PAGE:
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Oscar's non-Kodak moment Add to ...

1. This Sunday’s Oscar broadcast is coming to you live, from the mall. When Eastman Kodak Co. filed for bankruptcy protection, that posed a problem for the Academy Awards, which for years conferred its glitz on the brand through a $74-million (U.S.) naming-rights deal for the Los Angeles theatre that hosts the event. The building’s owner, CIM Group, wanted to keep the Kodak Theatre name at least for this year’s broadcast. But in bankruptcy court last week, a judge ruled that Kodak could end the 20-year deal for naming rights that it inked in 2000. The Oscar website now says the event will be “live from the Hollywood & Highland Center,” the shopping complex where the theatre is located.

2. The Oscars for advertising is approaching fast. When the ad world descends on Cannes in June to vie for the Lions International Festival of Creativity – some of the top awards in the business – the juries will include a handful of Canadians. They include Angus Tucker, creative director and partner at Toronto agency John St., who will be part of the jury in the film category (one of the five categories where Canadians won gold last year). The cyber jury will include Rethink creative director Dre Labre. Other notables include Sunni Boot, CEO of ZenithOptimedia, on the media jury; design category judge Barbara Jacques, creative director at Cossette; Saatchi and Saatchi Canada executive vice-president Brian Sheppard, who will be a promo judge; Leo Burnett’s Kelly Zettel on the direct jury; and DDB creative director Denise Rosetto, on the radio jury.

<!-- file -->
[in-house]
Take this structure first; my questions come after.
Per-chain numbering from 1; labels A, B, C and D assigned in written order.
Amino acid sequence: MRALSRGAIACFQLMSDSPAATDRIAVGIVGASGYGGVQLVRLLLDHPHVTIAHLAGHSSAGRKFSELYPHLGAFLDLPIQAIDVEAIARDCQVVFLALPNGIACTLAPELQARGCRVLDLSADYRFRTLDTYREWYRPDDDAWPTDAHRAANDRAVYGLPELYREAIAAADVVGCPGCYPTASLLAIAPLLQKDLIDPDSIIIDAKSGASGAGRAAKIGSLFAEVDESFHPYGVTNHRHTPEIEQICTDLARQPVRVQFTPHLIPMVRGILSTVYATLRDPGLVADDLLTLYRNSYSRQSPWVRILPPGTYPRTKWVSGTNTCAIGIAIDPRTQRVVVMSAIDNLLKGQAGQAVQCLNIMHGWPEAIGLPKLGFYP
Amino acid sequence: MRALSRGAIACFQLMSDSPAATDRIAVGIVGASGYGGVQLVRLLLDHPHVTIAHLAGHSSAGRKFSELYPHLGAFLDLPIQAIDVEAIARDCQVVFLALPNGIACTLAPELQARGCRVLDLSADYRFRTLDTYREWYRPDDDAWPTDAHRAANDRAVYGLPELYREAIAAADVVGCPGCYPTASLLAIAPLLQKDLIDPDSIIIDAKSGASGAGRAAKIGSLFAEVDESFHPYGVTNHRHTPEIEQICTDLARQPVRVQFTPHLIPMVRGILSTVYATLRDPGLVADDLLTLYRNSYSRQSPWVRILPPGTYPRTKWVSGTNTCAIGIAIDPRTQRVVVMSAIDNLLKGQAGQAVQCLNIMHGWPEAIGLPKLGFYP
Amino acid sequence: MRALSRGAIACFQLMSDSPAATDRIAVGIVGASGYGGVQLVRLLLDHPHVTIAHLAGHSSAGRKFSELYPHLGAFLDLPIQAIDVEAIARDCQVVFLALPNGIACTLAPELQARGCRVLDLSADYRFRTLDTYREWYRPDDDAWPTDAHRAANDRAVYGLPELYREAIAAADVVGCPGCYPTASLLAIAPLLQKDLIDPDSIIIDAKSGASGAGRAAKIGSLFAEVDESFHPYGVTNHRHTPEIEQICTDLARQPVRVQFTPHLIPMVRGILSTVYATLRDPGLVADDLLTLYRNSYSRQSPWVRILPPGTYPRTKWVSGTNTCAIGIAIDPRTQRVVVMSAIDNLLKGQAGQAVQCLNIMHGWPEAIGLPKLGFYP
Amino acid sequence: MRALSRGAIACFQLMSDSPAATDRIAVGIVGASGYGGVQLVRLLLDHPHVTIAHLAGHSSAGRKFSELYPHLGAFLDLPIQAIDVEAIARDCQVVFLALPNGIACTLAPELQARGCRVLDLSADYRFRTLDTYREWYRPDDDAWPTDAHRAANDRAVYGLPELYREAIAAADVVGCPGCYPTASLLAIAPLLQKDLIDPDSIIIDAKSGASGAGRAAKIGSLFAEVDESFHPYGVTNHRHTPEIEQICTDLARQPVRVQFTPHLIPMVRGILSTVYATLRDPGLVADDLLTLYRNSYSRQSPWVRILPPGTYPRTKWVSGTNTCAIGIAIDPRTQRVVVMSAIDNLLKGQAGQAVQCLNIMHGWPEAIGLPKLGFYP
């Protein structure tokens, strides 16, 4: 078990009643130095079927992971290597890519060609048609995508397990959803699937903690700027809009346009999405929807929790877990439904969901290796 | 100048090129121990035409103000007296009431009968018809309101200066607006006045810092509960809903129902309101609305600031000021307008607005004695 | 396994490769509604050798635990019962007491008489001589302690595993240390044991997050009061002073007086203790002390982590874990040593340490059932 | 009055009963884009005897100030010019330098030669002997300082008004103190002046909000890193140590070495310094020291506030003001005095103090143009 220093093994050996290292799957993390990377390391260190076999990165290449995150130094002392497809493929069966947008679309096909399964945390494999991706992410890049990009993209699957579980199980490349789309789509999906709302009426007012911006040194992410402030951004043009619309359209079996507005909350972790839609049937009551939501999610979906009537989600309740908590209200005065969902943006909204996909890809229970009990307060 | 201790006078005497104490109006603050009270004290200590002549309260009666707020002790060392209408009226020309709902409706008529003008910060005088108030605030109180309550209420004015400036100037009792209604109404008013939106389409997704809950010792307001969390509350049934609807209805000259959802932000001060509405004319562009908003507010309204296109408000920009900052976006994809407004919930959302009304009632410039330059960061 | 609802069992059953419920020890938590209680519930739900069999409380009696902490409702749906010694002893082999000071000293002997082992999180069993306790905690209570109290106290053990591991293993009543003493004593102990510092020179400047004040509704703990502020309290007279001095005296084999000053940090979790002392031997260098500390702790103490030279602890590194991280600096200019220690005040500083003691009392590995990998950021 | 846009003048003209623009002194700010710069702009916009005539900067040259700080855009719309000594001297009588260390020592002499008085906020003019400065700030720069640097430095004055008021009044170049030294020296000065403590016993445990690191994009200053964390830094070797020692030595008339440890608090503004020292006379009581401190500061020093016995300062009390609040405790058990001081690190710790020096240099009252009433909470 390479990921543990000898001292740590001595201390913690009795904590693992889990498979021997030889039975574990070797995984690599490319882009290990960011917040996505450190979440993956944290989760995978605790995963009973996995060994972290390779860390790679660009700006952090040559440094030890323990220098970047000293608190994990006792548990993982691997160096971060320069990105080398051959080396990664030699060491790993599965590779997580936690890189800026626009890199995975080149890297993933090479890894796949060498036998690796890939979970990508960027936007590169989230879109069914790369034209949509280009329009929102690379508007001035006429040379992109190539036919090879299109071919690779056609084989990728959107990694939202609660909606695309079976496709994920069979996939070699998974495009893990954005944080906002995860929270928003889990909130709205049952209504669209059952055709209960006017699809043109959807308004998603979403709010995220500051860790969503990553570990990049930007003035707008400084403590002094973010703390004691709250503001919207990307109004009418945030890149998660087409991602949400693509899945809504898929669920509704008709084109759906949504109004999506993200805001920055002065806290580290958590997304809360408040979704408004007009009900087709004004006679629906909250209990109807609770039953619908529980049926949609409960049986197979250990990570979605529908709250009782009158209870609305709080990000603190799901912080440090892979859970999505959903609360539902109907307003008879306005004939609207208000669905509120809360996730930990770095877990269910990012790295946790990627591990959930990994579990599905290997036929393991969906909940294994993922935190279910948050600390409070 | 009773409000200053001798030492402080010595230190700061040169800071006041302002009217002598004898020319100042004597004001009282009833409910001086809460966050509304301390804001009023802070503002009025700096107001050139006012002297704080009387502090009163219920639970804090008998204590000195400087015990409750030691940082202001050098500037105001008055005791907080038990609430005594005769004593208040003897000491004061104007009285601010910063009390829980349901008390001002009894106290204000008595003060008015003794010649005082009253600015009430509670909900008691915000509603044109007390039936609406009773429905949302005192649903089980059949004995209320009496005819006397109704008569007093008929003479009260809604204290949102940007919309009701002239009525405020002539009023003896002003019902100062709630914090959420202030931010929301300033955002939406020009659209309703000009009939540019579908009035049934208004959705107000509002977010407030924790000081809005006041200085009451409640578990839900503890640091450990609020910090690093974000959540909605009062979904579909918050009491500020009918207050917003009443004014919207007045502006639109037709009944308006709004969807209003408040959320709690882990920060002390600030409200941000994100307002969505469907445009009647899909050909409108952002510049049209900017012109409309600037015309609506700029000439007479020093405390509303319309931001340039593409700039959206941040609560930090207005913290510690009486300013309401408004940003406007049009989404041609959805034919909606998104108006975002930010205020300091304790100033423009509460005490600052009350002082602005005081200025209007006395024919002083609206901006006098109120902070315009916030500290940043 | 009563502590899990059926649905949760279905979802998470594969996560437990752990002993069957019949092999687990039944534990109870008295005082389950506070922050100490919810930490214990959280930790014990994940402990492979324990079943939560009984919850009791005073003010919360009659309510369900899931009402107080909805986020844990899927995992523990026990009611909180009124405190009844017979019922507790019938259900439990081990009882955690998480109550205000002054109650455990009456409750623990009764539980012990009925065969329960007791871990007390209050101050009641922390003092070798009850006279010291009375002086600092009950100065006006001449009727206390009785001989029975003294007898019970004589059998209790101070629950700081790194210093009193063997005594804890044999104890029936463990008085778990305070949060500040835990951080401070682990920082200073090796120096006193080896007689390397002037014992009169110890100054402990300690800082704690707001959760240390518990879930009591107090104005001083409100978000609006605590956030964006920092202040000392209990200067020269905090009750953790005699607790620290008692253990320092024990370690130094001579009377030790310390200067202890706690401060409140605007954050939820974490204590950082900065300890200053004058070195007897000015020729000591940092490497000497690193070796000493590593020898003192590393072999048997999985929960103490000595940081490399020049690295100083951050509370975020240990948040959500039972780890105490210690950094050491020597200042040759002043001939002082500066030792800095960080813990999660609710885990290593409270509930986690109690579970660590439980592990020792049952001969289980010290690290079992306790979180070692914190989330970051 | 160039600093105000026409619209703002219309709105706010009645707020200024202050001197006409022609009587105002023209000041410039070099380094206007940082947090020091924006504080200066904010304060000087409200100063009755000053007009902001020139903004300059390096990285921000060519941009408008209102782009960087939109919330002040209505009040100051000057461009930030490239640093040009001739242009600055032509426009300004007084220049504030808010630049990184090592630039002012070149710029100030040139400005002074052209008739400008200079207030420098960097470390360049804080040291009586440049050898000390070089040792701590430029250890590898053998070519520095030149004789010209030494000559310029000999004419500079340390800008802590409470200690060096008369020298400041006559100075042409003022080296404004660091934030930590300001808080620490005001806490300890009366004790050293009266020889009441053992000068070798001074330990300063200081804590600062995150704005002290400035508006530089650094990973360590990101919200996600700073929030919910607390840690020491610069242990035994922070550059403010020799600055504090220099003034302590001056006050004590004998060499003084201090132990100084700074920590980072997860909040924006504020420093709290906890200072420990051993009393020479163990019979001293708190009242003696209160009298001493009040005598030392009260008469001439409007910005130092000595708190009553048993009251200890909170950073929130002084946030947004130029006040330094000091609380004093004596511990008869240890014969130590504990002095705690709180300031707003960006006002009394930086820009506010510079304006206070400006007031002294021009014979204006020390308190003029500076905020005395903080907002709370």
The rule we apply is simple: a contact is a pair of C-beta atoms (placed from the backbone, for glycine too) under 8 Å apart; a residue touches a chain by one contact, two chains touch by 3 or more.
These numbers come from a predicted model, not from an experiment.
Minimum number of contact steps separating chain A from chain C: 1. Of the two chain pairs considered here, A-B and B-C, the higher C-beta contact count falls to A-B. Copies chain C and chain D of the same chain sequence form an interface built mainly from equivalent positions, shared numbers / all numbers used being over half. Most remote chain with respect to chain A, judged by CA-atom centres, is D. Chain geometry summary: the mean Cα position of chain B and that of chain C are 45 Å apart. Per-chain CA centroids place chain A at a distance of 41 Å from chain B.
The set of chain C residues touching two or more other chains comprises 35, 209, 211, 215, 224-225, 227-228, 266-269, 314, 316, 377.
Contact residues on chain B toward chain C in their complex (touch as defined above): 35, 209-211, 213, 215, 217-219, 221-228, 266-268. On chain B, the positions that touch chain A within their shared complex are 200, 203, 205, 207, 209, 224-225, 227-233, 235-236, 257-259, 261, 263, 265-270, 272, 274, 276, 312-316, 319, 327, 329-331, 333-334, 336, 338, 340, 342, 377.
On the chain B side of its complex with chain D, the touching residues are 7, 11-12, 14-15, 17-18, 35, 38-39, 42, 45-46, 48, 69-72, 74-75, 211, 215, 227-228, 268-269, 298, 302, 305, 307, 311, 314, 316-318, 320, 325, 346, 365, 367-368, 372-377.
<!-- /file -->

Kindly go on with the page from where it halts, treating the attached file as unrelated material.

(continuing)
3. As if men didn’t already have enough trouble with their aim, Sears Optical has created a distraction at some urinals in Quebec. Collaborating with Newad, it set up boxes attached to the wall above the urinals, showcasing Le Fabuleux Cirque de Puces, or flea circus. Inside the boxes on adorable little stages, invisible forces propelled a tiny chariot, swung on trapezes, and supposedly hit a bull’s eye when fired from a wee cannon. Bathroom visitors were then filmed squinting at the exhibits and laughing. The hook? If you had the right set of glasses you just might be able to see the entertainment properly.

4. Is Canada Goose getting fleeced? The Canadian manufacturer of trendy goose down winter coats says so. It has filed a lawsuit against budget clothing retailer International Clothiers Inc., claiming trademark infringement because the logos on its “super triple goose” coats allegedly look similar to the circular Canada Goose logo that is a distinctive patch on every coat. The suit claims International is selling coats similar to Canada Goose’s at lower cost and quality, designed to confuse customers into thinking they are purchasing Canada Goose parkas. A statement of defence has not yet been filed with the Federal Court.

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